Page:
Former Justice Stevens: Five Words to Correct Second Amendment
Former Supreme Court Justice John Paul Stevens is set to release a new book in which he argues that the phrase "when serving in the militia" should be added to the Second Amendment.
The book is titled, "Six Amendments: How and Why We Should Change the Constitution," and the change Stevens has in mind for the Second Amendment would alter the language so as to render it a protection of a collective right instead of an individual one.
Moreover, it would be a right that the government--at all levels--could regulate without hesitation.
Currently, the Second Amendment reads:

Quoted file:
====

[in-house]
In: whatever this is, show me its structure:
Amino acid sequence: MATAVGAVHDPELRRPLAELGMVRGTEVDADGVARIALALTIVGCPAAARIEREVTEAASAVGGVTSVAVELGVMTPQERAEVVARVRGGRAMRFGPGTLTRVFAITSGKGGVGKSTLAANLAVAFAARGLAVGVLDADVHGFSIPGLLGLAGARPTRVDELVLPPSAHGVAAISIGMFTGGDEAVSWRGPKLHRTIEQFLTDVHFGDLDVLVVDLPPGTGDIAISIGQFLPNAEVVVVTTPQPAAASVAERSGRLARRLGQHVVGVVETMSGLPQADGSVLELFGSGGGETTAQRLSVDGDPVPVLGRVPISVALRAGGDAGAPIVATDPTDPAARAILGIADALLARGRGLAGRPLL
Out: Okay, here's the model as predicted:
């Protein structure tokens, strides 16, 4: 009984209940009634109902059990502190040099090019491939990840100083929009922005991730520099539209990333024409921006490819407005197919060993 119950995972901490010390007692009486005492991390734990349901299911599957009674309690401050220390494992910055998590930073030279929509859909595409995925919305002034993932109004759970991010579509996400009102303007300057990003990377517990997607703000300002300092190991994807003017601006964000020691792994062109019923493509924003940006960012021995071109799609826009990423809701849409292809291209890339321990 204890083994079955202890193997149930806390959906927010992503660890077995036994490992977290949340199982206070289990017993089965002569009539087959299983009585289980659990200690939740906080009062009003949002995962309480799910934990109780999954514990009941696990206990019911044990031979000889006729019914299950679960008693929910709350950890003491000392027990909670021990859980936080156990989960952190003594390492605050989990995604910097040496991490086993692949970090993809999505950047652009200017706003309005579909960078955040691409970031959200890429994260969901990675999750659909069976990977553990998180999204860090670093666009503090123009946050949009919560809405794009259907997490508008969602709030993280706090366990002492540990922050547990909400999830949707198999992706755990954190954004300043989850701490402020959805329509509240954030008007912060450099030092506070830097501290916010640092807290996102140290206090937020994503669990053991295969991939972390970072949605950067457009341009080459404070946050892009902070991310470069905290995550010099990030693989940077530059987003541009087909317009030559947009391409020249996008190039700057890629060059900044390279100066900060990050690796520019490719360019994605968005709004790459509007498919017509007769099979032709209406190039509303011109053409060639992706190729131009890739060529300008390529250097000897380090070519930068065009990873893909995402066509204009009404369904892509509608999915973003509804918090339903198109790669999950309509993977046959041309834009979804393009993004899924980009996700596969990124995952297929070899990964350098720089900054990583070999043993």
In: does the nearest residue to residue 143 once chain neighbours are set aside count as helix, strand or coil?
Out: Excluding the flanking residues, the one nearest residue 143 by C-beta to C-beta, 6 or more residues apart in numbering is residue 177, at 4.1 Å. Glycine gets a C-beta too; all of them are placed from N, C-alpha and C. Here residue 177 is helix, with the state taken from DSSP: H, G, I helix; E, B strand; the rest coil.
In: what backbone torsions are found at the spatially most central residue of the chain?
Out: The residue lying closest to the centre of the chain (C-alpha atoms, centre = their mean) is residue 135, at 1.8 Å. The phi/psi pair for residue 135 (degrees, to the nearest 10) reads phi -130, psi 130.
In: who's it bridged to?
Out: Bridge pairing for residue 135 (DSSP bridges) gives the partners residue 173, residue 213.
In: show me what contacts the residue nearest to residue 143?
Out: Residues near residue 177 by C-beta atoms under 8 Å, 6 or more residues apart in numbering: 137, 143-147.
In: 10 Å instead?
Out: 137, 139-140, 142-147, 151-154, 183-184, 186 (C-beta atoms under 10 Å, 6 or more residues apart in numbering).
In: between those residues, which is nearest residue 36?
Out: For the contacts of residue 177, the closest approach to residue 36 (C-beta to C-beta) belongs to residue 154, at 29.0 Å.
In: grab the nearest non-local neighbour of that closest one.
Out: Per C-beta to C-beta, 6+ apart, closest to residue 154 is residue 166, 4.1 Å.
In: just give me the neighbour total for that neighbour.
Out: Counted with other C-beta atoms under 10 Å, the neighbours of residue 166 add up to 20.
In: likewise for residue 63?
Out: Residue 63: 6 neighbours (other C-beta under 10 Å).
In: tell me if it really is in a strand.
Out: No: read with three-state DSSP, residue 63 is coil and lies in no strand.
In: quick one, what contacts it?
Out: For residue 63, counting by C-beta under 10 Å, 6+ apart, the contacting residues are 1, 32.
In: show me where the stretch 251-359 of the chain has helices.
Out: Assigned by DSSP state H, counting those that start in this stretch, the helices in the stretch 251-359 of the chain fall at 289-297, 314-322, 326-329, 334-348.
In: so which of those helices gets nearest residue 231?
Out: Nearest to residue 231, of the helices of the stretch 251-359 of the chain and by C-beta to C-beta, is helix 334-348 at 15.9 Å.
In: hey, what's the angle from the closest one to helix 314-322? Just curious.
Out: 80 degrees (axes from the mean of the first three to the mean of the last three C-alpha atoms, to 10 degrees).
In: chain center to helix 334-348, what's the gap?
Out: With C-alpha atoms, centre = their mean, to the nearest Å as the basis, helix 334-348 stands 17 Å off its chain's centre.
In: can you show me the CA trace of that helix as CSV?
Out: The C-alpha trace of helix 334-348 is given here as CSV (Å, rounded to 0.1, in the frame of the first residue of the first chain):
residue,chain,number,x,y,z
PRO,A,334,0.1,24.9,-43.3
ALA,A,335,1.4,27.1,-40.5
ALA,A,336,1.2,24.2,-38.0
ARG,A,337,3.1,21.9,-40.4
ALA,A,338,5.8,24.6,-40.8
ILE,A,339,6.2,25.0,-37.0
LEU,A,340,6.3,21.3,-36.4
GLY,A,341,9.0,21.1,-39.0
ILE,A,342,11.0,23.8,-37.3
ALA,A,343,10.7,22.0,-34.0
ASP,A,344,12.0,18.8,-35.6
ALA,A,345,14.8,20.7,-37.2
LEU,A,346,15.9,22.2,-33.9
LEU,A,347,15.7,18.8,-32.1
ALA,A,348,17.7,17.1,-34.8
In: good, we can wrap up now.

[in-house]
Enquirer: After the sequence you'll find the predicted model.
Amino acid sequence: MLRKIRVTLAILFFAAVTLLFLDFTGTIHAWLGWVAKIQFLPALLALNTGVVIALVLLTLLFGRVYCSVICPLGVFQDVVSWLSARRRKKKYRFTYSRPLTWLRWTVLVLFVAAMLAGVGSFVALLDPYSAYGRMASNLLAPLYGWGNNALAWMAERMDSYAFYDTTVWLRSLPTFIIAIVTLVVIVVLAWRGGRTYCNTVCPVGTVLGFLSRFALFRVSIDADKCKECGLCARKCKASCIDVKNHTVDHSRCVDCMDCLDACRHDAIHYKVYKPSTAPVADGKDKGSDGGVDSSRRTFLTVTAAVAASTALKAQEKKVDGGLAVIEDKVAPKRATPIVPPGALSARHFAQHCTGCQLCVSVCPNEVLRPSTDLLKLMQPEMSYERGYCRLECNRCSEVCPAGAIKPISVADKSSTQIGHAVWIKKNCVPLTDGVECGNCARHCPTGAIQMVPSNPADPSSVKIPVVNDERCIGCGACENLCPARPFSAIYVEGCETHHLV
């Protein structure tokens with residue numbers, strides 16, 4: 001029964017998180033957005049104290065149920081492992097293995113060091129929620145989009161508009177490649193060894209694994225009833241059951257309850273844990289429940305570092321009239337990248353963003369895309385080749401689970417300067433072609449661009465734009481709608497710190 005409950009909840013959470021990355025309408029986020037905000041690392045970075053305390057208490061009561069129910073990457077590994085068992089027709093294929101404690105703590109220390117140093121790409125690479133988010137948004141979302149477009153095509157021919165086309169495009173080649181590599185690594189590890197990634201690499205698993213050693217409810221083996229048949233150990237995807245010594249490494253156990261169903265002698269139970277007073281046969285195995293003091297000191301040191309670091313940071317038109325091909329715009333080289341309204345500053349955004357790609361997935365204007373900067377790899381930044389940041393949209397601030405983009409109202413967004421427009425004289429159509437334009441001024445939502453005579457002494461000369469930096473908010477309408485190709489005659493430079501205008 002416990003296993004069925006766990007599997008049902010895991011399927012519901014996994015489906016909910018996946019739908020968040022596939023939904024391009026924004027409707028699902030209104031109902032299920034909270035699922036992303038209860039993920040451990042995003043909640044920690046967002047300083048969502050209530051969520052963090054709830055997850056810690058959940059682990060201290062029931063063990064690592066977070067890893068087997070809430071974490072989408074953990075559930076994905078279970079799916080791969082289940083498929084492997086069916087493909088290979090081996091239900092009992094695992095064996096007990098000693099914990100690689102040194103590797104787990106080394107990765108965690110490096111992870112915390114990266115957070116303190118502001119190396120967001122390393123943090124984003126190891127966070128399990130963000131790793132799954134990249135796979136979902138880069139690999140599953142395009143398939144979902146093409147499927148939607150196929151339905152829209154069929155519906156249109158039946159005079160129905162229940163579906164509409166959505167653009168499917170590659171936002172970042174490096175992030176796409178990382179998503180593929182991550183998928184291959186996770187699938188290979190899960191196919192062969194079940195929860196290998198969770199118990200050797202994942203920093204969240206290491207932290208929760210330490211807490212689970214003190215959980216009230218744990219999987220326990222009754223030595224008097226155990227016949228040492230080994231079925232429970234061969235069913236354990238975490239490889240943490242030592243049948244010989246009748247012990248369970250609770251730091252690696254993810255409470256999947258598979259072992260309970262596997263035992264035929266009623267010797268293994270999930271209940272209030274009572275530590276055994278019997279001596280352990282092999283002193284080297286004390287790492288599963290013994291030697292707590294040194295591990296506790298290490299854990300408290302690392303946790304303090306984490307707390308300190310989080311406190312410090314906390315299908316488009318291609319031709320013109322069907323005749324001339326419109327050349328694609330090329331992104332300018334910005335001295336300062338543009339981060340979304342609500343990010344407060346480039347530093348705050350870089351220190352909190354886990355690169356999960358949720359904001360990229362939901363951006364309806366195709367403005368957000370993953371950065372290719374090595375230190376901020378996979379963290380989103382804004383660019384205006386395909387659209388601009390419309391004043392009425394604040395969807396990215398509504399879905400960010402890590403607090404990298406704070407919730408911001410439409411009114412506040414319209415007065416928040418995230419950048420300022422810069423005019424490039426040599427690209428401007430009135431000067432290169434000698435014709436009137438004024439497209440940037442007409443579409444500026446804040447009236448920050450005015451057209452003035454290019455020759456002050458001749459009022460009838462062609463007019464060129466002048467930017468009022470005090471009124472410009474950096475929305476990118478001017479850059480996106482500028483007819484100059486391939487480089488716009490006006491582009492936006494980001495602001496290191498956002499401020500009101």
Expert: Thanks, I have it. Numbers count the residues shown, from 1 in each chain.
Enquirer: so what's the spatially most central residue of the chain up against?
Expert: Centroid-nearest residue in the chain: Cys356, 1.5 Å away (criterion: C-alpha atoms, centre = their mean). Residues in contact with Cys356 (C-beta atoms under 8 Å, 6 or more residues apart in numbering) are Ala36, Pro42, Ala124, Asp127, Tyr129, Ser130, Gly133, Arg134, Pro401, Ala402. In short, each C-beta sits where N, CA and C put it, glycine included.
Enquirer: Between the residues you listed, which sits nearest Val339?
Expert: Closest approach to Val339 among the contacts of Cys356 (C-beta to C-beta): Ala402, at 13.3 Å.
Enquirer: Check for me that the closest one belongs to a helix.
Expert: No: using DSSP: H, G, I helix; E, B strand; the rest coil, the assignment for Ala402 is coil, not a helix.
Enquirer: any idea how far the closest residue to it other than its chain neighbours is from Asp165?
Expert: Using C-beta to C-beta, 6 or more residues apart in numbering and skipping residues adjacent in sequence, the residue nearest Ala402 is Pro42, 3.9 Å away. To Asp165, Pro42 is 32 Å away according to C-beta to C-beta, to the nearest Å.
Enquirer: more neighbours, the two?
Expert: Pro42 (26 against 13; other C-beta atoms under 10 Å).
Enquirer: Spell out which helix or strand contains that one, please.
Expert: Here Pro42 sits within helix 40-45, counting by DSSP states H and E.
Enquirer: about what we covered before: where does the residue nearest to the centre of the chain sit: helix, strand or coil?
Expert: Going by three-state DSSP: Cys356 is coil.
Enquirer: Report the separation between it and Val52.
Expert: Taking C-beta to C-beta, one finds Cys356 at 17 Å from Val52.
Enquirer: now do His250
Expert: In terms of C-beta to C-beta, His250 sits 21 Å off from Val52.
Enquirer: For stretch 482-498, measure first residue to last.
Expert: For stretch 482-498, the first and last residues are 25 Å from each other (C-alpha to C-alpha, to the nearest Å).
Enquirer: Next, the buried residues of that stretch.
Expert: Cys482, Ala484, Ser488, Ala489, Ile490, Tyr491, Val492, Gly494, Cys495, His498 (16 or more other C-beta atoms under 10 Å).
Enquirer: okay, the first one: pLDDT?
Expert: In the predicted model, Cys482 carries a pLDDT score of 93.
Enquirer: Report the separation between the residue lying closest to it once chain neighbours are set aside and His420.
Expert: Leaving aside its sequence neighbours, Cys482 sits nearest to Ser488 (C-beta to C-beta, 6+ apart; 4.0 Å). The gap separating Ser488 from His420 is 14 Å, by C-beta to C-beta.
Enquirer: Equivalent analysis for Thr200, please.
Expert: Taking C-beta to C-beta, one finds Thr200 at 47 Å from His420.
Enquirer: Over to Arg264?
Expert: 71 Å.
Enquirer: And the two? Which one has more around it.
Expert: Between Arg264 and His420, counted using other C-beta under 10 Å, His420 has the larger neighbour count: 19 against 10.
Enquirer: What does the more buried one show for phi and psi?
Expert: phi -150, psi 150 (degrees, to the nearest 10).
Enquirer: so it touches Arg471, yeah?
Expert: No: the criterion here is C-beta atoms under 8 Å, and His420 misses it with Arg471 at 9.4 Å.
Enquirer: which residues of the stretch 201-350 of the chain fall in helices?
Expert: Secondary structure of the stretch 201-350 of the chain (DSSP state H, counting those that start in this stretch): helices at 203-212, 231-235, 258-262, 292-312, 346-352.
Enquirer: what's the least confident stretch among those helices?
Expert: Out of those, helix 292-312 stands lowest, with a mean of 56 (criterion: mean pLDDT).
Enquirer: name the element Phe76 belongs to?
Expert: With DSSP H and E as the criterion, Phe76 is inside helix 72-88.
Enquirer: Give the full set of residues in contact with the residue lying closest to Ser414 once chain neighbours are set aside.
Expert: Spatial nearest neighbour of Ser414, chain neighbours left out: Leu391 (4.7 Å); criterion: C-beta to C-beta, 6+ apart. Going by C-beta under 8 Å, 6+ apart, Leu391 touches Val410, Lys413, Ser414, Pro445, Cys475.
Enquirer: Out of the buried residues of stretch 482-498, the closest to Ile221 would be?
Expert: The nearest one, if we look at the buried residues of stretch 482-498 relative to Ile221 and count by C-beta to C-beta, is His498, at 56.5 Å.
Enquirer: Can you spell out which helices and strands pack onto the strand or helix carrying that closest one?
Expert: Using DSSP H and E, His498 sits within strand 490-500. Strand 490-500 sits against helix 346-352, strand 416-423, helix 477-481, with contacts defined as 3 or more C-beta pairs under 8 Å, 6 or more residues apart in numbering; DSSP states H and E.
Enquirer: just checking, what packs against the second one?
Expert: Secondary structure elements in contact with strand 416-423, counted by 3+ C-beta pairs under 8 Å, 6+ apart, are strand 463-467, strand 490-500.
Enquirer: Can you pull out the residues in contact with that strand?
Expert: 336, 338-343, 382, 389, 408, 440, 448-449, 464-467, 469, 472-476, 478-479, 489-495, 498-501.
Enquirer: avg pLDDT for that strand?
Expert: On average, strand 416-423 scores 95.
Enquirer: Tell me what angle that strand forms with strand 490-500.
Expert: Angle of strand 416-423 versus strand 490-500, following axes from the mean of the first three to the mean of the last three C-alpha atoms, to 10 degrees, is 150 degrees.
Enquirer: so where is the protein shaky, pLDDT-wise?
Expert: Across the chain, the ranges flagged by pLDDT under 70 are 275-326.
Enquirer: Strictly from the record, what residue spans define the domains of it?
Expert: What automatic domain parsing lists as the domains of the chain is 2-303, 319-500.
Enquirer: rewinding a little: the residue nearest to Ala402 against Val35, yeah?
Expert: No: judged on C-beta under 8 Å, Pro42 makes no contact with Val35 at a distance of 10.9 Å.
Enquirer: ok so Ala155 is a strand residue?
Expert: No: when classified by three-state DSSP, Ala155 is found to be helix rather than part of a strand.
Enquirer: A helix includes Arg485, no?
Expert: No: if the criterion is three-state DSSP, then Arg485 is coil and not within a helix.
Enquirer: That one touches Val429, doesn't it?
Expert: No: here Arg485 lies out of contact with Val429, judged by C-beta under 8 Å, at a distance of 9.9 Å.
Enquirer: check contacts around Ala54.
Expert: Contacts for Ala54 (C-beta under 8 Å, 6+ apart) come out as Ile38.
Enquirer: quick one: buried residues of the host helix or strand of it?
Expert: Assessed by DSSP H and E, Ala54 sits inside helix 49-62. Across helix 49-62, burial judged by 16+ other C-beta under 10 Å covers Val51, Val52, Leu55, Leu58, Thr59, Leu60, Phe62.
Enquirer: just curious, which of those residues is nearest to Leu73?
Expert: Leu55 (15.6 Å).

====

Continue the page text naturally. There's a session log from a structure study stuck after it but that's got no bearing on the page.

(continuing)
A well regulated Militia, being necessary to the security of a free State, the right of the people to keep and bear Arms, shall not be infringed.
Stevens' contends that this was intended as a collective right only and that it was "limited in scope to the uses of arms related to military activity."
According to The Washington Post, Stevens claims this was changed via the Supreme Court's District of Columbia v. Heller (2008) decision. He says this decision suddenly introduced protections for "a civilian's right to keep a handgun in his home for purposes of self-defense."
Stevens says the McDonald v. Chicago (2010) decision furthered these changes by using "the due process clause of the 14th Amendment" to limit the ability of cities to ban the possession of handguns.
He says this can all be remedied by adding five words to the Second Amendment:
A well regulated Militia, being necessary to the security of a free State, the right of the people to keep and bear Arms [when serving in the Militia] shall not be infringed.
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